Current Update on Recurrent Pregnancy Loss


Recurrent Pregnancy Loss (RPL) constitutes for 1-5% of infertile couple and 12-15% of all pregnancies. True incidence of RPL cannot be estimated as most of the losses occur either before they have been clinically recognized or sometimes even before the first missed period. Out of the total pregnancies 70% female fail to report as 50% tend to undergo spontaneous miscarriage before first cycle and 20% are clinically unrecognized. Only 30% are recognized either by clinically, radiological (appearance of intrauterine gestational sac), histopathological or biochemical evaluation (viable levels of b-HCG) Off late, all the existing guidelines have been updated based on evidence. American College Of Obstetricians and Gynaecologists (ACOG) guidelines have been substituted by guidelines released by American Society of Reproductive Medicine (ASRM, 2012). Royal College of Obstetricians and Gynaecologists (RCOG) guidelines for RPL which were first released in 1998 have been updated from time to time with most recent update in 2012 The most recent are the guidelines by European Society of Human Reproduction and Embryology (ESHRE) They were first published in 2006, but later updated and finally replaced by new guidelines in November, 2017. The updated guidelines have even changed the definition of RPL to “two or more pregnancy losses” in place of “three or more pregnancy losses” On-going through these guidelines, it is found that a series of experience, consensus and evidence based investigations and management protocols have been described considering RPL as a single entity. Thus these guidelines leave the treating obstetricians in management dilemma while dealing such cases. It should be understood that they should tailor the diagnostic investigations according to patient and follow management protocols accordingly, thus should stress on “patient–specific approach”.


Thrombophilia Inherited Thrombophilia: Screening for inherited thrombophilia can only be done for research purposes and not routinely or in women with additional risk factors for thrombophilia (family members with hereditary thrombophilia, or previous VTE) {ESHRE (LEVEL C); ASRM. Low risk thrombophilia (factor V Leiden heterozygous, Prothrombin G20210A heterozygous, Protein C or Protein S deficiency): They are just managed with antepartum surveillance without the need of anticoagulants or Prophylactic low molecular weight heparin (LMWH) or Unfractionated Heparin (UFH). Postpartum anticoagulation is needed in cases with simultaneous risk factors like obesity, prolonged immobilization or first degree relative with history of thrombotic episode in first degree relative or history of Venous thromboembolism in self High risk thrombophilia (Antithrombin deficiency, double heterozygous for Prothrombin gene mutation G20210A and Factor V Leiden mutation homozygous or Prothrombin G20210A mutation homozygous): These cases need to be given prophylactic antepartum anticoagulation therapy along with postpartum anticoagulation therapy with LMWH/UFH for 6 weeks.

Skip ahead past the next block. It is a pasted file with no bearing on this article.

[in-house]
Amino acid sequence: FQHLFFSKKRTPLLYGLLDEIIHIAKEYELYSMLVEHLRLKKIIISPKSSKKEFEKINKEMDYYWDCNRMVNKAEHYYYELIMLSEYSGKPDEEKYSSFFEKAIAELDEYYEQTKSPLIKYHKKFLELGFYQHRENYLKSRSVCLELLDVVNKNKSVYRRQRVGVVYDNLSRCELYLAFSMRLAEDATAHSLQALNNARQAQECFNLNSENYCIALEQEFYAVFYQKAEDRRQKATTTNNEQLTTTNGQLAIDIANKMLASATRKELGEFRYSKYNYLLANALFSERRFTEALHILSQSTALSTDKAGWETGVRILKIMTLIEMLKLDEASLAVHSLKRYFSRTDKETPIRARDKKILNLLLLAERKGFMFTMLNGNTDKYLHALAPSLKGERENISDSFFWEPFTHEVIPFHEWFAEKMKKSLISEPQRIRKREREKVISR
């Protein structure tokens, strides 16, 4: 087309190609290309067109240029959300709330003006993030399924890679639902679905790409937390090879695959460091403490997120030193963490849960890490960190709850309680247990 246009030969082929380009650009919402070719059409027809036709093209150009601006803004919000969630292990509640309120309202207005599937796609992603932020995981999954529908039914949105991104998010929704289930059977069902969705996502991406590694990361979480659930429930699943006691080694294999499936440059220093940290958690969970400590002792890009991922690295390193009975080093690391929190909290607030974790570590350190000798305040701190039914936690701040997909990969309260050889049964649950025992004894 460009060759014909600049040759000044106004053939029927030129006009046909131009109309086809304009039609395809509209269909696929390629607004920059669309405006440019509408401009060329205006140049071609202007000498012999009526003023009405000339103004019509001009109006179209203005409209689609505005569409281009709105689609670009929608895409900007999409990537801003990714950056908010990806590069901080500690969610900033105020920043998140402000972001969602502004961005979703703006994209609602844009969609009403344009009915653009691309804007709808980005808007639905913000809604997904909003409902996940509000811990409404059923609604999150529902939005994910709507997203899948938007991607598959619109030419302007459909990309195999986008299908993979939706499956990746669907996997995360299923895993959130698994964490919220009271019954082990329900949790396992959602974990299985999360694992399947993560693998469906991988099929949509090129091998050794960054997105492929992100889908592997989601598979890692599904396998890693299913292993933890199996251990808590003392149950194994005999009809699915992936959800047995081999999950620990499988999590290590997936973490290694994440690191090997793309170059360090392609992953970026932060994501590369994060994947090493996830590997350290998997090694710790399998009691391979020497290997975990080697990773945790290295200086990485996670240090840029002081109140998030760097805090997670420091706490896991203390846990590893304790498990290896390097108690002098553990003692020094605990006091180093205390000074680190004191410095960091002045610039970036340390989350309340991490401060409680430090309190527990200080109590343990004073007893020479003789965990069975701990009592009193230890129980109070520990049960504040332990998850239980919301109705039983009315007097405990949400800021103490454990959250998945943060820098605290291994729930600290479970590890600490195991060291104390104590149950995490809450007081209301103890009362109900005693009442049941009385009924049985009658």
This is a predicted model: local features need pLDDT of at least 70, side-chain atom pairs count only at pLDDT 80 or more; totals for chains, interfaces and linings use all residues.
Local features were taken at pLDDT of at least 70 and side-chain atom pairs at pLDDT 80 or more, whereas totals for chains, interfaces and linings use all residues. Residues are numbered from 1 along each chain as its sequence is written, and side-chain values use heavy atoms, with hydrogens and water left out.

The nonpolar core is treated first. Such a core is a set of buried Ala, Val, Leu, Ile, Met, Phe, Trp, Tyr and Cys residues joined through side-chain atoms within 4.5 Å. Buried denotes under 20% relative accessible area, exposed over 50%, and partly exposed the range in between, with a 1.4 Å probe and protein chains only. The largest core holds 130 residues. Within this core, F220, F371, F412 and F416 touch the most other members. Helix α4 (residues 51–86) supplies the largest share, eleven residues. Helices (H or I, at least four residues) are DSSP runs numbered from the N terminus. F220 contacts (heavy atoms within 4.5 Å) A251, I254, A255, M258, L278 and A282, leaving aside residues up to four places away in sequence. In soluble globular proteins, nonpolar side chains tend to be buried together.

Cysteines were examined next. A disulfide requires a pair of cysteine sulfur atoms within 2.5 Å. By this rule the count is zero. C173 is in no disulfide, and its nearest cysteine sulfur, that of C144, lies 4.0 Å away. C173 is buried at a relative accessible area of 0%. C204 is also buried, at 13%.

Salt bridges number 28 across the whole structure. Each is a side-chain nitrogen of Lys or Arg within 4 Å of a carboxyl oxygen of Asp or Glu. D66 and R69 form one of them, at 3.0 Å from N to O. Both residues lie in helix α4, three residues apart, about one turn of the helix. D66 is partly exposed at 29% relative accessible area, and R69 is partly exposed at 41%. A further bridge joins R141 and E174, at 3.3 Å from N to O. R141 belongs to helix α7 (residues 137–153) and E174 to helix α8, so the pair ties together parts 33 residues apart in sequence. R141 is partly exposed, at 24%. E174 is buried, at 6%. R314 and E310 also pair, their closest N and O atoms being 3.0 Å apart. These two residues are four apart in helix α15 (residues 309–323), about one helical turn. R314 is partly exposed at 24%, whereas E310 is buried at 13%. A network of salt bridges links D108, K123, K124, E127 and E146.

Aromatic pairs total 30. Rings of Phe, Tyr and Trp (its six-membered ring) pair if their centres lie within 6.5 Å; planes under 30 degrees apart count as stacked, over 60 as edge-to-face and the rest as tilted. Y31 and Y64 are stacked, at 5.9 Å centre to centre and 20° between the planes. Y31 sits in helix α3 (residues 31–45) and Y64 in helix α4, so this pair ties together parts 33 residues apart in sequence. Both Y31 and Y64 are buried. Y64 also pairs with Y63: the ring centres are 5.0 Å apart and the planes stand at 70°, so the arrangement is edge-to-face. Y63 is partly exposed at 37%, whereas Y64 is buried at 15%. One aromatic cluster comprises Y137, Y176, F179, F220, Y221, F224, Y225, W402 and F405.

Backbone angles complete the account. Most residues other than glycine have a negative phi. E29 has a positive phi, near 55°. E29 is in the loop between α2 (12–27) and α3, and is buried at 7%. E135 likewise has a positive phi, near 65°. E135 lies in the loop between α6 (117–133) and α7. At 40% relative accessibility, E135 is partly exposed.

Acquired thrombophilia: Antiphospholipid Antibody Syndrome is the most common acquired thrombophilia.

Immunological factors Antinuclear antibodies (ANA) testing can be done only for explanatory purposes. But HLA determination, measurement of anti-HY antibodies, cytokine testing or cytokine polymorphisms, NK cell testing and anti-HLA antibodies testing is not recommended.

Congenital Endometrosis:  Septate, bicornuate and arcuate uterus has been seen to be related with 44.3%, 36% and 25.7% loss of pregnancy (ASRM 2012). Though no randomized control trials are there but few studies have shown beneficial effect of hysteroscopic septum resection (improving Live Birth Rate and reducing pregnancy loss rates) Hysteroscopic resection of septum in septate uterus have shown significant fall in abortion rate by 70% leading to successful pregnancy outcome.

Acquired Abnormalities:  Based on observational studies, in Asherman sydrome/ intrauterine synechiae, hysteroscopic removal of synechiae in women with RPL can be done with care to prevent recurrence. For intramural fibroids not distorting the cavity and endometrial polyp less than 1cm, surgical treatment is not recommended. Infact women with fibroids not distorting the uterine cavity can achieve high live birth rates without intervention.

Endocrine Dysfunction: Any clinical or subclinical endocrine dysfunction calls for investigation and treatment. The symptomssuggestive of endocrine dysfunction are irregular cycles, galactorrhoea, on and off headaches and vision disturbances. Uncontrolled diabetes mellitus, obesity, Luteinising hormone hypersecretion, luteal phase insufficiency and metabolic syndrome are important contributory factors for RPL.

Unexplained rpl:  Half of the cases of recurrent pregnancy loss remain unexplained. In these cases, there may be a contributory role of immunological causes like presence of cytotoxic antibody, absence of maternal blocking antibodies, disturbances in Natural Killer (NK) function and role of inflammatory mediators in and around pregnancy.

Role of progesterone: Progesterone is indispensable for the establishment and continuation of a normal pregnancy. Thus, luteal phase insufficiency has been suggested as a causative factor in RPL. In a study conducted by Stephenson et al. in 2017 vaginal progesterone tend to improve endometrial milieu as was assessed by cyclin-D levels. As per the European guidelines there is insufficient evidence to recommend the use of progesterone to improve live birth rate in women with RPL and luteal phase insufficiency.


Media Contact:
Eliza Grace
Managing Editor
Journal of Basic and Clinical Reproductive Sciences

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